2. Study shows mentally ill more likely to be victims, not perpetrators, of violence
3. Uninsured adolescents and young adults more likely to be diagnosed with advanced cancer
4. Teens who consume energy drinks more likely to use alcohol and drugs
5. Parents less likely to spank after reading briefly about its links to problems in children
6. Why Are Young Breast Cancer Patients More Likely to Die from Their Disease? Researchers at the Cancer Prevention Institute of California Find Answers
7. New study: High mortality in Central Southern states most likely due to smoking
8. Physicians who prefer hospice care for themselves more likely to discuss it with patients
9. Are younger women more likely to have and die from a heart attack?
10. Cancer mutation likely trigger of scleroderma
11. In pandemic, parents who get reminders more likely to get kids vaccinated
Post Your Comments:
*Name:
*Comment:
*Email:
(Date:3/27/2017)... (PRWEB) , ... March 27, 2017 , ... ... industry. Conventional sodium testing methods are complicated and require expert user knowledge. In ... new analytical method dedicated to the simplified, yet highly accurate, determination of sodium. ...
(Date:3/27/2017)... , ... March 27, 2017 , ... ... GTEC Orange facility from 8:00am-10:00am on Monday, April 3rd to commemorate the two-year ... be an opportunity for area-residents to celebrate two great years while also familiarizing ...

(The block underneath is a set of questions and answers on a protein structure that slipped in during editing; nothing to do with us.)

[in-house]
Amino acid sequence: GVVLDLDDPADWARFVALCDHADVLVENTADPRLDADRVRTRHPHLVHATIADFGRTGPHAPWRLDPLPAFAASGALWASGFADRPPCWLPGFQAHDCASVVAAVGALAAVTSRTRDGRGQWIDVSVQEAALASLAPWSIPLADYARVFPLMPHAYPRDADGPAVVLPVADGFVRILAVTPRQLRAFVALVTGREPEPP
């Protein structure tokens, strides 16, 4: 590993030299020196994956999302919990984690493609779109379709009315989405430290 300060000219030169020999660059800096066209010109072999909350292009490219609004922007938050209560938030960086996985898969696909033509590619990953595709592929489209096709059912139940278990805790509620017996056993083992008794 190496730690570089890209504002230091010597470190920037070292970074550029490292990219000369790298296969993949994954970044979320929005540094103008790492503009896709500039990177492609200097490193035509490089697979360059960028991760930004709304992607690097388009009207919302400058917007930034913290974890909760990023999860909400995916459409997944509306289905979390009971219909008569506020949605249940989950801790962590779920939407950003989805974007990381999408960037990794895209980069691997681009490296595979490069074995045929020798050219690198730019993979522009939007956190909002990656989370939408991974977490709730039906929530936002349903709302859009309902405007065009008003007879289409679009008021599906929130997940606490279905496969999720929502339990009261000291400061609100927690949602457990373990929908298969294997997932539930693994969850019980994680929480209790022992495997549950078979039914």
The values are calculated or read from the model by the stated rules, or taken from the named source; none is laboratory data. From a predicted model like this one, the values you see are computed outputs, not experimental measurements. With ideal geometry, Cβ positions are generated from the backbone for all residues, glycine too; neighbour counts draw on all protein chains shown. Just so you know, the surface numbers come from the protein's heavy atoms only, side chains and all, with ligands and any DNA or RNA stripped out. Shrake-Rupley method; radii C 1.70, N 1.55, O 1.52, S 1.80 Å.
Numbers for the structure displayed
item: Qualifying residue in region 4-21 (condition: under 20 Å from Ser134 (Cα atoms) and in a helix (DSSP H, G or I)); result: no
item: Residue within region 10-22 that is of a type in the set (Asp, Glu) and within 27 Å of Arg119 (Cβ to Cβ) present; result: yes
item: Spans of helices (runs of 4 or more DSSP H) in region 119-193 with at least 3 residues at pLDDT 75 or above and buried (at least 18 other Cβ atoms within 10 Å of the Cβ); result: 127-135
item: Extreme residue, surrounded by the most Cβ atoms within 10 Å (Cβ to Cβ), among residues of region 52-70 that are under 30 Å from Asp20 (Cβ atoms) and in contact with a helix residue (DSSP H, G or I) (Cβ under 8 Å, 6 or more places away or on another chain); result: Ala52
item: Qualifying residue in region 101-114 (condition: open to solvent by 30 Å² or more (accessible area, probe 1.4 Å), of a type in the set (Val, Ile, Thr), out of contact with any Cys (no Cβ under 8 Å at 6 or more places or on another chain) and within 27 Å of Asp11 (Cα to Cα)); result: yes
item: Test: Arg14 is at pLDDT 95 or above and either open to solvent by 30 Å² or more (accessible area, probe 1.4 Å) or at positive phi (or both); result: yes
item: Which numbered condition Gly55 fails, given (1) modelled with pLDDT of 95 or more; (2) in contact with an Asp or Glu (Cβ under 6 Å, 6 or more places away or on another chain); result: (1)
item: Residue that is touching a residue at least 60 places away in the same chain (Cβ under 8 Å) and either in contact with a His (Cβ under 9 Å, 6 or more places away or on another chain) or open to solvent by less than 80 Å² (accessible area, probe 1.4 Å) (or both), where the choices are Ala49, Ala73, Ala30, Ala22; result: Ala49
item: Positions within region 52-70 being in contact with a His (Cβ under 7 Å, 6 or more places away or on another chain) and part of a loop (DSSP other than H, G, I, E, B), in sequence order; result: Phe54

(Date:3/27/2017)... Texas (PRWEB) , ... March 27, 2017 , ... Harris ... hard of hearing, is bringing its latest products to the Deaf Seniors of America ... will have the opportunity to meet with knowledgeable ASL friendly staff from Harris Communications ...
(Date:3/25/2017)... ... 25, 2017 , ... Norland at Swissray is pleased to announce the release of ... The ELITE DXA has an active scan window, which is more than double that of ... the scan area could not undergo an accurate total body bone density or body composition ...
(Date:3/24/2017)... , ... March 24, 2017 , ... ... which will spark a conversation on the current obstacles facing infection prevention and ... completely preventable deaths caused by these infections. , The print component of ...
Breaking Medicine News(10 mins):
(Date:3/27/2017)... , March 27, 2017 ... to reach USD 16.0 billion by 2025, according to ... growing prevalence of chronic diseases is anticipated to be ... analyzers, which thereby widens the scope for growth during ... and bariatric population, which is highly susceptible to chronic ...
(Date:3/27/2017)... 2017  Impax Laboratories, Inc. (NASDAQ: IPXL)today announced that ... Bisaro as Impax,s President and Chief Executive Officer ... 27, 2017. Mr. Bisaro will succeed J. Kevin ... Chief Executive Officer since December of 2016. ... experience, Mr. Bisaro, 56, is an accomplished global business ...
(Date:3/27/2017)... -- Invivotek, LLC, a Genesis Biotechnology Group ® ... contract research organization (CRO), announced the completion of the ... research facility in Hamilton, New Jersey ... source to reduce costs and lessen the CRO facility,s ... Farm follows Invivotek,s recent expansion from a 19,712 square ...
Breaking Medicine Technology: